Ditch the boozy blogging, moms.
That's the closing advice of Rachel McClain in her recent Parent.Co piece about bad behaviors of many parent-bloggers. Most of the mom-wine memes circulating online, she argues, just aren't funny, but even those that are should give us pause because they valorize unsafe or addictive behaviors.
There's nothing new to this mommy wine craze--only lots of new moms and significantly easier-to-use meme-makers. Stephanie Wilder-Taylor, of Sippy Cups Are Not for Chardonnay fame, famously built her brand on mommy drinking, only to shed that image--as well as the booze--when she revealed her alcoholism to her readers. The last wave of writing about why mommy drinks saw the start--and mercifully the end--of a a wine label called MommyJuice.
The staying-power of the alcohol-soaked parenting blog is hardly surprising. So many new parents live in a world where nothing--their clothes, their furniture, their dinners, their bodies--are their own, but alcohol, save a curious sip here or there, is not. for. the. kids. So I get all the odes to mommy drinking. That glass may be the only time she gets to herself all day, the only thing that is completely hers.
But why is it always wine?
It's easy to understand why beer isn't the mommy drink of choice. If you're trying to cut calories to reach the ideal pre-baby weight, you probably aren't drinking beers, which can run you up to 300 calories. A serving of wine is about half the calories of a beer with equivalent alcohol content.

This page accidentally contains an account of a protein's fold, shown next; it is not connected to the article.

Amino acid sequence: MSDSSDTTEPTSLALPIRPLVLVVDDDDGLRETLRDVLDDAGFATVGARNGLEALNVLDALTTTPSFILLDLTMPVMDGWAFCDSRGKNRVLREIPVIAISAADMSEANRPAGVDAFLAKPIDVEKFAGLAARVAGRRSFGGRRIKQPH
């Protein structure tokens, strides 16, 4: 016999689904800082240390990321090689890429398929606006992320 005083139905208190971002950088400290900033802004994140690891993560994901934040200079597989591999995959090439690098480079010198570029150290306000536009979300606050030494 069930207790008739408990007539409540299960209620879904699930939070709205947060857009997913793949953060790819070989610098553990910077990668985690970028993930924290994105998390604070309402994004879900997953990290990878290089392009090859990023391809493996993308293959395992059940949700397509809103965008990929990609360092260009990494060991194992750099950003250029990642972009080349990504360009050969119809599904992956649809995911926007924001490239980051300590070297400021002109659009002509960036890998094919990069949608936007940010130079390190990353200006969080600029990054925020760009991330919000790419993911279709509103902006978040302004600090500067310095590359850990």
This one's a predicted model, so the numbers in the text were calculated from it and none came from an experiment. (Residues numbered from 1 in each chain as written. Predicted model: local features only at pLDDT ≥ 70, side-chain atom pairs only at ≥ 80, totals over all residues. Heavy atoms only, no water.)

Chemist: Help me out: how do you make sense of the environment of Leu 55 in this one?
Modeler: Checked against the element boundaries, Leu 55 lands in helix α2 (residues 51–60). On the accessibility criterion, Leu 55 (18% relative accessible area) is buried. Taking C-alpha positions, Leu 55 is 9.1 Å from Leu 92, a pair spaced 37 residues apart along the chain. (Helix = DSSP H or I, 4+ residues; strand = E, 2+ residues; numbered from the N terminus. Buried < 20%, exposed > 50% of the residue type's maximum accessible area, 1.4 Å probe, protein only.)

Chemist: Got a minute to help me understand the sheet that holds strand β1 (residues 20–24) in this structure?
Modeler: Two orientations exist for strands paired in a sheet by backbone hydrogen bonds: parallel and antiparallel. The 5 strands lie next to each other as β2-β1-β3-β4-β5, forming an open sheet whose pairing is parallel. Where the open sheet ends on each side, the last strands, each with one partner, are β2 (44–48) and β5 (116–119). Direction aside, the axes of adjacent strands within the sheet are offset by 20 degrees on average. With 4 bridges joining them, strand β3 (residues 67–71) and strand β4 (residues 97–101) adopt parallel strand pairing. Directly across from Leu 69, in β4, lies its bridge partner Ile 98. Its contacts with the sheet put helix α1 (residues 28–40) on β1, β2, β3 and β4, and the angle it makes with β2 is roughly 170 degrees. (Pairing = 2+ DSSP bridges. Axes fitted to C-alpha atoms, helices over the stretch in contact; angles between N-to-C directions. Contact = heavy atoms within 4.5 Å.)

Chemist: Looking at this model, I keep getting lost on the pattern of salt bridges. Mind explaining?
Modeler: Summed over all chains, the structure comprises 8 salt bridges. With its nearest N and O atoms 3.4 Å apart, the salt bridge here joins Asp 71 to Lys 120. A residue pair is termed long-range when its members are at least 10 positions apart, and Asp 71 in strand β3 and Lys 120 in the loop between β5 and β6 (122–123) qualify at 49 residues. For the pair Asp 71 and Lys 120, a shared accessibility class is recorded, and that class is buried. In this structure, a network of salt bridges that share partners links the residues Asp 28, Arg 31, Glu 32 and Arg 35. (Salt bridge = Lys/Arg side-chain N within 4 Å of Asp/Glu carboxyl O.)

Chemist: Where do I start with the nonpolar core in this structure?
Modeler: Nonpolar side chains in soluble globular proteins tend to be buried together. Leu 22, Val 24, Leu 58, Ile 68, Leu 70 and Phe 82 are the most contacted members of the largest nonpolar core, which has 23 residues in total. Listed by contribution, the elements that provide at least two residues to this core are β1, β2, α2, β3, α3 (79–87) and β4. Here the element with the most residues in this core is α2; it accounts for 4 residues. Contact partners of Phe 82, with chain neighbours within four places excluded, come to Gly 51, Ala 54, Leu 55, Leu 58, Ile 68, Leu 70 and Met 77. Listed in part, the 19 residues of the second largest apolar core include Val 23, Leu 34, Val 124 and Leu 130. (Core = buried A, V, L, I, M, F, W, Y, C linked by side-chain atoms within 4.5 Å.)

Cocktails are out too, because they require work. You need ingredients, some of them fresh and thus more likely than not molding on your PB&J-crusted countertop. The sound of ice cubes in a cocktail shaker will strike fear into the heart of any parent who has just gotten a child to sleep.
So wine seems a good choice, both for calories and quiet. Neither of these issues is really a deal-breaker. You can pour half a beer. You can have a cocktail on the rocks. But wine, a new acquaintance recently shared with me, is not just about having something to ourselves. A bottle of wine is a shared experience. No matter how many people are around, you can divide the bottle amongst them. Drinking wine is deeply tied with a sense of community, so much so that, even if you're just sitting at your computer typing away a few stray thoughts about parenting, that glass next to you connects you to others all over the world struggling to put thoughts to paper after an especially arduous day.
So a toast to all of you this evening: congratulations on making it through another day. Let's share a bottle in person soon.